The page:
What is bone marrow involvement?
bone marrow is a soft tissue that is inside some of
the larger bones. It contains stem cells which develop
into the three different types of blood cell: red blood cells white blood cells,
We can think of the bone marrow as a nursery for all blood cells.
Since normal cells are present in the marrow, it's not unusual or
unexpected that lymphoma cells will also present in this organ. The involvement
in the marrow is determined and
measured by a biopsy - a sample of the cells in the region.
Lymphoma cells can accumulate in the marrow to a degree that they
crowd out normal cells and inhibit the "birth" of normal blood cells
from stem cells. This may lead to a decrease in red blood cells
(anemia, leading to fatigue) or platelets (thrombocytopenia, risk of
bleeding), or other white blood cells (neutropenia, increased risk
of infection) etc., which would be detected by blood tests.
The list of complications sounds ominous, but watching your
counts is one important way that our doctors monitor the condition
and make decisions about when to treat. We don't always get into
trouble from lowering counts .. the lymphoma does not always
accumulate in the marrow to a degree that causes such problems. It
may be at say 20% involvement and stay that way for many years. Some
of us may have little or no bone marrow involvement. Each case can
Importantly, lymphoma in the marrow can be treated effectively,
just as well as lymphoma cells that accumulate in lymph nodes. The
blood counts will improve with effective treatment.
Is bone marrow involvement common in lymphoma?
It's common to be diagnosed with lymphoma at an
advanced stage (III or IV) and with bone marrow involvement.
While this might seem alarming, you should know that advanced stages
of lymphoma can be treated successfully, and that lymphoma in the
bone marrow is as reversible with treatment as lymphoma anywhere in the body.
One way to understand this is to compare lymphoma
with a so-called solid tumor, such as a prostate cancer. Here
the cell of origin of the cancer does not normally exist anywhere
but in the prostate. So when you find malignant prostate cells
in the bone marrow, you have a serious problem. For blood cells,
however, we expect these cells to be anywhere in the lymphatic or
circulatory system, including the bone marrow.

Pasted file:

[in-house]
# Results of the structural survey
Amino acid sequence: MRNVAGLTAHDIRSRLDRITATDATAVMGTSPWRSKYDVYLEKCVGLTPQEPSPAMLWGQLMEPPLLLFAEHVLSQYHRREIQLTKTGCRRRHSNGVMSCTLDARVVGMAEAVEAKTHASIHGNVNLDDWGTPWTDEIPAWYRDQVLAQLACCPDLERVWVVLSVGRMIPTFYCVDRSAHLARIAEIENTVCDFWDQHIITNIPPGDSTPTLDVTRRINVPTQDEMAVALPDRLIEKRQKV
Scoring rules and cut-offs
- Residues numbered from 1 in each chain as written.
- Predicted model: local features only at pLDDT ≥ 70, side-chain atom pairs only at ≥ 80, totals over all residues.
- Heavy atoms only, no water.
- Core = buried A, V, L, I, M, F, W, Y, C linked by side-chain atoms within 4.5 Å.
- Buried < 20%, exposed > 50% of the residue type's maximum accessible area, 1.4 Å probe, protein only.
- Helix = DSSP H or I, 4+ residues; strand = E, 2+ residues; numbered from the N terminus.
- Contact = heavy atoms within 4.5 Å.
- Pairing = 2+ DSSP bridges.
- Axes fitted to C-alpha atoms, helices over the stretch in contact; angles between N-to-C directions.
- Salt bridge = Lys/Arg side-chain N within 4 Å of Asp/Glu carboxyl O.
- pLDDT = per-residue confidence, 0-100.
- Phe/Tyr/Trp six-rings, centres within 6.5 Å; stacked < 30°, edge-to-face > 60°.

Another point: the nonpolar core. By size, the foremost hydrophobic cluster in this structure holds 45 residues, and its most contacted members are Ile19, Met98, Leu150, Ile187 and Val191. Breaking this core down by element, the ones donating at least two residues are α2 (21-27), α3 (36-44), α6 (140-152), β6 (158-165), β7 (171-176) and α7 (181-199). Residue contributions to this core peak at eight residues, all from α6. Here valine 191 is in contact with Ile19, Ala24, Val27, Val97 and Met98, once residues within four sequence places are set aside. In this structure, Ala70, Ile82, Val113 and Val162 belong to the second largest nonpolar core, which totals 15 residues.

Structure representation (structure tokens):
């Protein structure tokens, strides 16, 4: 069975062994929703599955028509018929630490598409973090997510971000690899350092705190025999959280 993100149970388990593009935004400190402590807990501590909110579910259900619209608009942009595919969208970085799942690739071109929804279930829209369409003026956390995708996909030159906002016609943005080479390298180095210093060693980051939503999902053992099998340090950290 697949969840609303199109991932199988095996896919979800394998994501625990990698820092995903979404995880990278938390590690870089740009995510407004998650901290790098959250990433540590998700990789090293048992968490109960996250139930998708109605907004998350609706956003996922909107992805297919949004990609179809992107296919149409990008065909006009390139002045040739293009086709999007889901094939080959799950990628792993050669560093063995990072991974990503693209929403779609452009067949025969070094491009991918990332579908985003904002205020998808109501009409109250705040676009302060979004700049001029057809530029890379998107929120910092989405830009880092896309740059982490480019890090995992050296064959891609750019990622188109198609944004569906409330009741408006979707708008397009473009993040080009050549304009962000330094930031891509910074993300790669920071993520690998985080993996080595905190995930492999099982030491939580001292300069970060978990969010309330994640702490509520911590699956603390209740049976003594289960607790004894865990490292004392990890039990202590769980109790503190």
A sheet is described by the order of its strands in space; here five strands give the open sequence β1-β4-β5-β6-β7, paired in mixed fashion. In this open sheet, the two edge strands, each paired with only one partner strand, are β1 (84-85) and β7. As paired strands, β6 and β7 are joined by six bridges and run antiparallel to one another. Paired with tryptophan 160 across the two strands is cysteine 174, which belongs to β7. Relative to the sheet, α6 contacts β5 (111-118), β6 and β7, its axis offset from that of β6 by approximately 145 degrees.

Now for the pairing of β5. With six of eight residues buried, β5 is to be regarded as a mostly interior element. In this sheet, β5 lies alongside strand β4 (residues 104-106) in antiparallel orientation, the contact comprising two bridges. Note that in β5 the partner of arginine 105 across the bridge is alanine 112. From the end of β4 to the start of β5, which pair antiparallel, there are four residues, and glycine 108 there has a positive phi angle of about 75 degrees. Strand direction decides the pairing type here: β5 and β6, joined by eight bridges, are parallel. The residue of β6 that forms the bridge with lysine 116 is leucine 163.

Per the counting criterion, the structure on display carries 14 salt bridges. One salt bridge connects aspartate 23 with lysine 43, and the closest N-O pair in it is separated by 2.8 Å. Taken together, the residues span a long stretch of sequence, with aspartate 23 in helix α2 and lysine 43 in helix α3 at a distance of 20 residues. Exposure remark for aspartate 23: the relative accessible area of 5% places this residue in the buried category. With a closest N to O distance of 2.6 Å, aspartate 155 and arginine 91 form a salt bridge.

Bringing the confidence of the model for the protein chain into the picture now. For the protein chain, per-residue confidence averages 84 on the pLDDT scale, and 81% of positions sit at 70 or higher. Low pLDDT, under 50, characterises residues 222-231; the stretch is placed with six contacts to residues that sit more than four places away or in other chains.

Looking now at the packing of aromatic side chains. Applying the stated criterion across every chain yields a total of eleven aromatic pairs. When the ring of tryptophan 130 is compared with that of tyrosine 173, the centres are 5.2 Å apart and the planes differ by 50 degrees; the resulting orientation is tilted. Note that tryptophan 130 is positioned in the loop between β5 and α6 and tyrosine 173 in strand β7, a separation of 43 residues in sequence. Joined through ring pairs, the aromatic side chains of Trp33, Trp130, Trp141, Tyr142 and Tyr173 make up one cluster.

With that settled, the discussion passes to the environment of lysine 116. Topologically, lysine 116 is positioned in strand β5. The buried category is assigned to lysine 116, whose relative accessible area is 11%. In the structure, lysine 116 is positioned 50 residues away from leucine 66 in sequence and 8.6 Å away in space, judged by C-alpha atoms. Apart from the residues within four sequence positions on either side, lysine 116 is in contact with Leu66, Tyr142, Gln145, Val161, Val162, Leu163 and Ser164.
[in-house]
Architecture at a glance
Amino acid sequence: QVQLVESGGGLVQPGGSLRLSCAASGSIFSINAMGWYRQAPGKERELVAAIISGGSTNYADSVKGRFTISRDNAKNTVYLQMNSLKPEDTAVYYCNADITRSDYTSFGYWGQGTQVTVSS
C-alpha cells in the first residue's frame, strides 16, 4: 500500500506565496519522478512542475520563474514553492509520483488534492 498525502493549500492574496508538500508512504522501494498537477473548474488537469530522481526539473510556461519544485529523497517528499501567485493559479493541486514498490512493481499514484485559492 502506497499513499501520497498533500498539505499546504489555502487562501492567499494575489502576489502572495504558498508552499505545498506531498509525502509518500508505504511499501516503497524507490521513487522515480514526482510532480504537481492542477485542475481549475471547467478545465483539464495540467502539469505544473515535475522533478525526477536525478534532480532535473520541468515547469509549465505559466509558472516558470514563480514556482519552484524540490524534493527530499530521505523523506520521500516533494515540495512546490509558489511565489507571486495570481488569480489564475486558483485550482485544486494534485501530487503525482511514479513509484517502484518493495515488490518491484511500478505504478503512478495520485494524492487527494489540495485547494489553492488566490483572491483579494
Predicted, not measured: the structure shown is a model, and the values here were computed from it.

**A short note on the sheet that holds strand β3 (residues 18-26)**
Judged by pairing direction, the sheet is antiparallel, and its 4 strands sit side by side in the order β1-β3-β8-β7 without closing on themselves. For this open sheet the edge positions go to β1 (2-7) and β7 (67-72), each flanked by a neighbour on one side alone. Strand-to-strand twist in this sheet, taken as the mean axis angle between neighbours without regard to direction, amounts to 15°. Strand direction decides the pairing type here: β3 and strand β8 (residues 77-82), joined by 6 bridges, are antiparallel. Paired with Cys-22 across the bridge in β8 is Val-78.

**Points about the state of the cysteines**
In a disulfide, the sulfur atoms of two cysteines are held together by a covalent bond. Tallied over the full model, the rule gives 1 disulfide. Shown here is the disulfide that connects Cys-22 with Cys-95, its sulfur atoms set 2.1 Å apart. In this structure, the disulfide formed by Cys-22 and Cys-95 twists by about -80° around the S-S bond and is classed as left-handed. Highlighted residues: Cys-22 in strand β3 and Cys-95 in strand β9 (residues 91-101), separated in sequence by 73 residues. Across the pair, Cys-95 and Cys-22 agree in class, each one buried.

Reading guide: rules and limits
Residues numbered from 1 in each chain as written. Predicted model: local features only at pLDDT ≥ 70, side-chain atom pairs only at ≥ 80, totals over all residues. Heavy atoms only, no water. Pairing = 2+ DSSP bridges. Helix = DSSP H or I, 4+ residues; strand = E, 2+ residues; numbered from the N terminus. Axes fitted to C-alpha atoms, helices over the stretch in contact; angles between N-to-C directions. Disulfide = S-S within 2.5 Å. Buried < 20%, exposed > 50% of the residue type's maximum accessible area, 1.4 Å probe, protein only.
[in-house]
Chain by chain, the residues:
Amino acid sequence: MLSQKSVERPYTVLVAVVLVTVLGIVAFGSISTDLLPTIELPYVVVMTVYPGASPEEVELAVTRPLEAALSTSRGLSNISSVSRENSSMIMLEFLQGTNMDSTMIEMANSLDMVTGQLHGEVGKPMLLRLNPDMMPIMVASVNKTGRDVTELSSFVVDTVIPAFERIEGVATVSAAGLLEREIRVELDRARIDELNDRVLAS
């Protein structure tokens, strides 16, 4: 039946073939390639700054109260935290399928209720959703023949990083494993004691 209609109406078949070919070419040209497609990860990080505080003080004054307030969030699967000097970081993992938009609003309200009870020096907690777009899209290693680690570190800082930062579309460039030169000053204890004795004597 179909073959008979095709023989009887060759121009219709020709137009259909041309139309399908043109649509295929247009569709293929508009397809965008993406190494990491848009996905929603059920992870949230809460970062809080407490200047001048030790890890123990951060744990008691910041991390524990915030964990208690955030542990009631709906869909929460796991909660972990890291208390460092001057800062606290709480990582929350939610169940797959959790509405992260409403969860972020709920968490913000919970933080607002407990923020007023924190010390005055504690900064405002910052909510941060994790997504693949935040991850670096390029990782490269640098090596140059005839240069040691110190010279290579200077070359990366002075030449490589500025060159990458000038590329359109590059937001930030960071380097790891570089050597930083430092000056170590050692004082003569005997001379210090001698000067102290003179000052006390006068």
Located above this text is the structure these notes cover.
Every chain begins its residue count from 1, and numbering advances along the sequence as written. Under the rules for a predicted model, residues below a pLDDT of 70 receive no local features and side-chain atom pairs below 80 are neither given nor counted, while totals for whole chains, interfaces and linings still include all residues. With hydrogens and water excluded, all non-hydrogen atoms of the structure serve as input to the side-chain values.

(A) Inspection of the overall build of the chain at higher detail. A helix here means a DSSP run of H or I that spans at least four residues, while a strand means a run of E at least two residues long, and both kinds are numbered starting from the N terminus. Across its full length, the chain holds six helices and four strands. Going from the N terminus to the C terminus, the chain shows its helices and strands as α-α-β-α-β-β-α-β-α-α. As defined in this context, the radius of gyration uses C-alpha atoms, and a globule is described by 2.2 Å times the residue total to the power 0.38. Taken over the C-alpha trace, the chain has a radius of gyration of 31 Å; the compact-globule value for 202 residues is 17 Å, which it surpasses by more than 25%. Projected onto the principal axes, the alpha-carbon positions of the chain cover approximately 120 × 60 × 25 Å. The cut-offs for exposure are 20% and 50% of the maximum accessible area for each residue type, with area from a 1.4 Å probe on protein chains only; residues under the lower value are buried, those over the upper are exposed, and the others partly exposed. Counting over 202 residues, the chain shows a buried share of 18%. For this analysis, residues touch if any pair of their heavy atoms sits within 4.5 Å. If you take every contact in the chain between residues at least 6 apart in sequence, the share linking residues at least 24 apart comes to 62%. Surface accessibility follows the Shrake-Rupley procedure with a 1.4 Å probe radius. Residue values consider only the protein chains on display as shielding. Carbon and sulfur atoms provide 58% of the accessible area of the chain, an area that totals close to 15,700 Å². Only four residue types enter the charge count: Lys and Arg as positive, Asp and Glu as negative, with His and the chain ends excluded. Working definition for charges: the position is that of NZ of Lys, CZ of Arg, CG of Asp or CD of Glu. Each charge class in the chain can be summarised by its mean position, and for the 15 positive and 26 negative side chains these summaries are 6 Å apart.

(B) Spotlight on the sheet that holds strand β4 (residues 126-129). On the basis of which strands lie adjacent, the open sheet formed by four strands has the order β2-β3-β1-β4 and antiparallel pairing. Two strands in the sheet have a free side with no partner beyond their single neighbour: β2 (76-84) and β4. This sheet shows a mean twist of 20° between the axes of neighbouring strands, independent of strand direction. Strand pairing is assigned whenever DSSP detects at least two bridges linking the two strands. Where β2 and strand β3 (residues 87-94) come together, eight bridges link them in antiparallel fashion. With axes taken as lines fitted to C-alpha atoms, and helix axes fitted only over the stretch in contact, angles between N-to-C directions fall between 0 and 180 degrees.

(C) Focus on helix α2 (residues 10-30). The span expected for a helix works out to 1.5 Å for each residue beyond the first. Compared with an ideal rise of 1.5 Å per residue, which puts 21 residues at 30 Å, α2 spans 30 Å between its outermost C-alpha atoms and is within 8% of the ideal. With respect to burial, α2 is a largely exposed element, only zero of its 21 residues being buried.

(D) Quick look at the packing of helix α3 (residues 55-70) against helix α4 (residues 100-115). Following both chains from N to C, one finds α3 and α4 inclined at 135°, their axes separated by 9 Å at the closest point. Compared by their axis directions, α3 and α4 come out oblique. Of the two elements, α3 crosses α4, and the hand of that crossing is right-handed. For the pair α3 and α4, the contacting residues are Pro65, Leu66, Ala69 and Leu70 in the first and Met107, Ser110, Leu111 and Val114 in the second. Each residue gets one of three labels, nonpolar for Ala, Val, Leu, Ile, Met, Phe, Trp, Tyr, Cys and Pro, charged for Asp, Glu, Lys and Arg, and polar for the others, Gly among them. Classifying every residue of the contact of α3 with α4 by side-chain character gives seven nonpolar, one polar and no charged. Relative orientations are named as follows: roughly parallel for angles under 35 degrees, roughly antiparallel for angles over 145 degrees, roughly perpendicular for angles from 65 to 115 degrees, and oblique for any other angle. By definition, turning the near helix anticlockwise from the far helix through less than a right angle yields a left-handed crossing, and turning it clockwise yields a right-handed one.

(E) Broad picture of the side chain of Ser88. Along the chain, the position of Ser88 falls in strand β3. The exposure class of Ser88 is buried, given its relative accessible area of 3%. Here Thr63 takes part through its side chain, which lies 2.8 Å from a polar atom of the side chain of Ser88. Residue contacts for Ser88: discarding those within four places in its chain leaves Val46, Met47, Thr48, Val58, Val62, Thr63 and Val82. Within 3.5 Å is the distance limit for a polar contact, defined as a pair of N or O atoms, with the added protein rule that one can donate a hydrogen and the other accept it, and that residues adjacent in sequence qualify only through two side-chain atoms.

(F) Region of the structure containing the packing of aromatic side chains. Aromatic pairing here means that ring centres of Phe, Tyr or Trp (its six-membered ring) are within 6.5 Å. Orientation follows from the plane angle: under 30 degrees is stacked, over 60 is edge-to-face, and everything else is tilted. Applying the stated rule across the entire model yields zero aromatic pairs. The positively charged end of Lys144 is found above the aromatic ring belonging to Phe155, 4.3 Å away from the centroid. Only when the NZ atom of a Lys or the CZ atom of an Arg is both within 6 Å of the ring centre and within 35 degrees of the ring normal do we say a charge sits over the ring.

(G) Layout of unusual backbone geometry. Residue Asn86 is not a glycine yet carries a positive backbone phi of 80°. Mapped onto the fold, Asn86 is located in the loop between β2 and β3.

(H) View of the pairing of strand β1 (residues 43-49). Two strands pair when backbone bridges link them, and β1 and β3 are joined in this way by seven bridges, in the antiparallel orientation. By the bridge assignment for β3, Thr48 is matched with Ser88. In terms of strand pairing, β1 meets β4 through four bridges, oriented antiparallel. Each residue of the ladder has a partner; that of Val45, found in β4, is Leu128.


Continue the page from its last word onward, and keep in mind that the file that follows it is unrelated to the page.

Bone marrow involvement and survival for low grade NHL?
"Conclusion. The presence of bone marrow infiltration at
diagnosis did not significantly affect the prognosis of low grade non-Hodgkin's Lymphoma."
A diagnosis of lymphoma in the bone marrow can only be established by obtaining a bone marrow specimen for
analysis - a bone marrow biopsy.
This test might be done for staging purposes in order to provide a
baseline of where the lymphoma is so that it can be monitored for
progression, guide treatment, and judge response to subsequent
A negative bone marrow result means that there's an improved chance that the marrow is clean or relatively clean, but it's not a conclusive result.
Similarly, if we scooped a bucket of water out of a swimming pool at night
we might find no leaves in the bucket - but we could not conclude the pool is without leaves - only that the
scoop we took did not find any.
Imaging such as MRI or PET can "help increase the positive
yield of bone marrow biopsies by guiding the marrow sampling
procedures to sites of relatively hypercellular marrow." (Magnetic
Resonance Imaging of the Bone Marrow in Hematologic Malignancies
Bilateral testing (taking sample
from both sides) will be more reliable: (Bone marrow biopsy for the staging of non-Hodgkin's
lymphoma: bilateral or unilateral trephine biopsy?
Tumori. 1995 Nov-Dec;81(6):410-3.
NOTE: Lymphoma cells are very
very small. For example, a one centimeter tumor has about 1
billion lymphoma cells. A few number of lymphoma cells will not be
detected by many standard tests. Only a significant
number of cells sufficient to form a mass (a tumor) will be
detected by imaging and other tests.
One very sensitive test for lymphoma cells is called PCR. It
can detect for the presence of genetic translocations (that are
unique to some kinds of lymphoma in the sample).
Returning to the analogy of testing
for leaves in a pool, a sample taken with a bucket that has no
leaves (tumors) might have small traces of leaf fragments
(individual tumor cells) that are not visible with plain sight,
which might be detected by other, more sensitive, tests.
Gene Rearrangement, Quantitative Real-Time PCR
"The t(14;18) translocation is characteristic of B-cell
lymphomas, occurring in up to 90% of follicular lymphomas.
It is also found in 20% to 30% of diffuse large B-cell lymphomas
Also see: What is PCR Testing?